Friday, April 07, 2006

The Gospel According To Judas… & Others…

Every act of conscious learning requires the willingness to suffer an injury to one's self-esteem. That is why young children, before they are aware of their own self-importance, learn so easily.

If you talk to God, you are praying. If God talks to you, you have schizophrenia.
--Thomas Szasz


I don't want the title of the post to be misleading, so to be clear this post is less about the finding of this early Christian writing than it is about perspective. The key word in the title of this post is "according." Apparently, the long lost gospel of Judas has been recovered. It dates back to early Christian times having been denounced by Bishop Irenaeus of Lyon in 180 AD as heretical. In this gospel, (thought to have been written by a group of Gnostic Christians, though the precise author is unknown.

According to Judas he didn't betray Jesus—quite to the contrary, he was the closest disciple to Jesus and his handing Jesus over to be crucified and his subsequent vilification was the ultimate sacrifice and the proof of Judas' closeness to Jesus who vouchsafed secrets of the kingdom to Judas and selected him to bring about the fulfillment of Jesus' death and resurrection.

So, you see, Judas was a hero. According to the gospel of Judas anyway. Yes, helping someone achieve their aims by handing them over to be brutally tortured and killed is good, 'casue… well… that's what friends are for. It is, after all, more important that one's destiny be achieved and you can justify anything—and I mean anything if it helps attain divinely appointed ends.

It's funny how your perception of your actions changes depending upon whether you're the actor or acted upon. Another misunderstood master of virtue (according to him) is Tom DeLay; he has nothing to be sorry for and would do nothing—nothing at all differently. You see, according to DeLay, he's the hero. He was focused on a higher good: the benefits accruing to his party and the best ways to leverage that. Not surprisingly, he too found that any means in the service of that end was inherently noble. According to columnist John Podhoretz: "His words were very telling. "My constituents don't deserve this," he told Fox News yesterday. "They deserve a Republican . . . I'm more interested in growing the Republican majority than my own future."

Yep, another martyr to the cause that Tom DeLay, this in the cause of advancing one's party and if the means get a little grey along the way, well it's all to the good—martyred for the party.

Speaking of martyrs to the cause you can add Zacarias Moussaoui to the list. In his eyes, and I'm sure in the eyes of the other homicidal lunatics who attacked us on 9-11, they too were the good guys. They were heroes—you see, they were all serving that divinely mandated will. We're all just to stupid to understand what God really wants, but they have no such confusion. They all know precisely what God wants, and if you have to betray your best friend, or murder people, or torture some folks, or lie about leaks and policies and conduct your actions clandestinely, or use your office for payback or launder a little money or gerrymander districts or violate your ethics, well, that's all just part of the plan—that's how divine will works.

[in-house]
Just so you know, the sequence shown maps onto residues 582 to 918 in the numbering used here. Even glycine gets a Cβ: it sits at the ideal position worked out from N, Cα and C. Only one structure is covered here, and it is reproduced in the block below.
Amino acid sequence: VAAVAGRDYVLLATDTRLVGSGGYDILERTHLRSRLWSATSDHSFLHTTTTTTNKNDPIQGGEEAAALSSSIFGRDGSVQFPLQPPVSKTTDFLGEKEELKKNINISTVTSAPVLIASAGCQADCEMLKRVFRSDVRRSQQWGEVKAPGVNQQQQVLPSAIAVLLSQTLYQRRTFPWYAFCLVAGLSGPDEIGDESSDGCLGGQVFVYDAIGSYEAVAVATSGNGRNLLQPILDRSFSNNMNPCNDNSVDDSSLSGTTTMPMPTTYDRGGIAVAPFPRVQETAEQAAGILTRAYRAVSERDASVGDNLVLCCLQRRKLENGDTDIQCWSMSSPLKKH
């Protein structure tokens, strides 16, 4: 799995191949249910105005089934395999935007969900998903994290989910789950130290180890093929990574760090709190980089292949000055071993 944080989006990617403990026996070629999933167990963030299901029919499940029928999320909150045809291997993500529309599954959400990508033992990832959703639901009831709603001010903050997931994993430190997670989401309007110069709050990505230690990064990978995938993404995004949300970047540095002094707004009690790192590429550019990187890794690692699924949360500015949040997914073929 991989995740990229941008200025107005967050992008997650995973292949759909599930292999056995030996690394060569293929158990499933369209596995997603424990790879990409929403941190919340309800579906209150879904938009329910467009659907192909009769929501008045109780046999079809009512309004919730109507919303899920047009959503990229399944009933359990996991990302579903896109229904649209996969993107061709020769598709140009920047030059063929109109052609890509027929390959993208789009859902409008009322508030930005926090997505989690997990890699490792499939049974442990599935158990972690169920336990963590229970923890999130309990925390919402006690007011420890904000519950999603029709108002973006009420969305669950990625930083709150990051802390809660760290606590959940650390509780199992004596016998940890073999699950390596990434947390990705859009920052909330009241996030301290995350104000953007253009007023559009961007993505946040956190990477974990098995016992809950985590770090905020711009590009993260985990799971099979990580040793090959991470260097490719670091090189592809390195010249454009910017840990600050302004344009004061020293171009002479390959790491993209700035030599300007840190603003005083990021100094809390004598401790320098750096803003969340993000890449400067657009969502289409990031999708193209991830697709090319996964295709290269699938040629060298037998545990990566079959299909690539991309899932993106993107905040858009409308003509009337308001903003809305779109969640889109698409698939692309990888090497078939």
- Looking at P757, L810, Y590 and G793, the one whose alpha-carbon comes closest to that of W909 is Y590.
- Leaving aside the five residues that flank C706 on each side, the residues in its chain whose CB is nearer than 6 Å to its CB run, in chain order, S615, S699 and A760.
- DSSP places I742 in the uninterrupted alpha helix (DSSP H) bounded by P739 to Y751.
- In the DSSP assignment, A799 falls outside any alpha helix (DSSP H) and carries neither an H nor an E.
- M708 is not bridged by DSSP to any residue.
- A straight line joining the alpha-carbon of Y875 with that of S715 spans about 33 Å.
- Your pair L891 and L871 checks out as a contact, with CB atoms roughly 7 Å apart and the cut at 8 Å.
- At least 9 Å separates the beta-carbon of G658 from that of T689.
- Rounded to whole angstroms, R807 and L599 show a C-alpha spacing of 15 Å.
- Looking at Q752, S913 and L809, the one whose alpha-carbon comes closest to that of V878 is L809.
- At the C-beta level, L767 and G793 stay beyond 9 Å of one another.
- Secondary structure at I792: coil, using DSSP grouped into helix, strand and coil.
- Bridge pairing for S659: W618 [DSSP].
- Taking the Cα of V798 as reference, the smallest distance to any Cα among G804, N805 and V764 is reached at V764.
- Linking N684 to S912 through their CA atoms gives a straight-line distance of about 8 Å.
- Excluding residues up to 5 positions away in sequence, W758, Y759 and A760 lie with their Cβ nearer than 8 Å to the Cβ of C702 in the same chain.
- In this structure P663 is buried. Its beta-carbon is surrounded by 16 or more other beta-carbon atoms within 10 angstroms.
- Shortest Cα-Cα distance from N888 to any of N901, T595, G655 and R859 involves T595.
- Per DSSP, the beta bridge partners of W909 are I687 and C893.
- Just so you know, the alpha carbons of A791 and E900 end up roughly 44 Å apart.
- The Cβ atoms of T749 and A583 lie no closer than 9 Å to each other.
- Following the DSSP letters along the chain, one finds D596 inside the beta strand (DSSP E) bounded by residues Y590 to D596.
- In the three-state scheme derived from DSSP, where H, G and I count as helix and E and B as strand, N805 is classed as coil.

The common threads there are the insistence on one's own narrative being uniquely centered around one's own self and the perfectly justifiable nature of any course of action, no matter how abhorrent or abusive, because without you—you personally God's plans can't come to fruition. You're really that important—hell, you're a lynchpin—God is screwed without your help!

None of this is surprising. Nobody really believes what they are doing is evil, and especially not the true believer. Three years ago I asked 'what would it take' for partisans to disavow your party leaders. What would it take to disavow Clinton for his venality? What would it take to disavow Bush for his incompetence? What would it take to disavow radicalized Islamists to disavow Moussaoui and the 9-11 highjackers? What's your saturation point, the time at which you decide you've erred? Is there nothing that would make you say 'enough!'

The answer, I now understand, is no. The thing about fanatics and partisans is that their narrative is according to them, and the thing about their supporters is that the agenda is a higher law than any of the land, so virtually anything is justified, with the exception of admitting error. Because divine will and its manifestation can't be wrong, and therefore it's impossible to believe what you're doing is wrong or admit error. No evidence to the contrary can sway that mind because that higher good trumps all else.

Judas Iscariot, Tom DeLay and Zacarias Moussaoui makes strange bedfellows, to be sure, but it is after all a divine bed even if it occasionally resembles a funeral pyre.

My problem with those who obey their 'higher laws' is that it seems to so often necessarily trump actual laws that we live under—the thing that makes society possible. I thought back in 2003 that we would steadfastly prevail as a nation, but I also feared that we could defeat ourselves by becoming them, by justifying any means necessary regardless of the cost to ourselves, our character our principles or what we stand for. It is the enforcing of our own will upon another—the belief that because I believe this, you must too, coupled with the desire and ability to enforce that vision all the while confidently beaming in the knowledge that what you are doing is divine that has made us so resemble what we abhor.

But don't worry—you see: we're the heroes. It's true. It's in the gospel according to US. Hop on board—there's plenty of room on the pyre.

In a world of fragile self-justification, the truth made no one happy.
--Greg Bear


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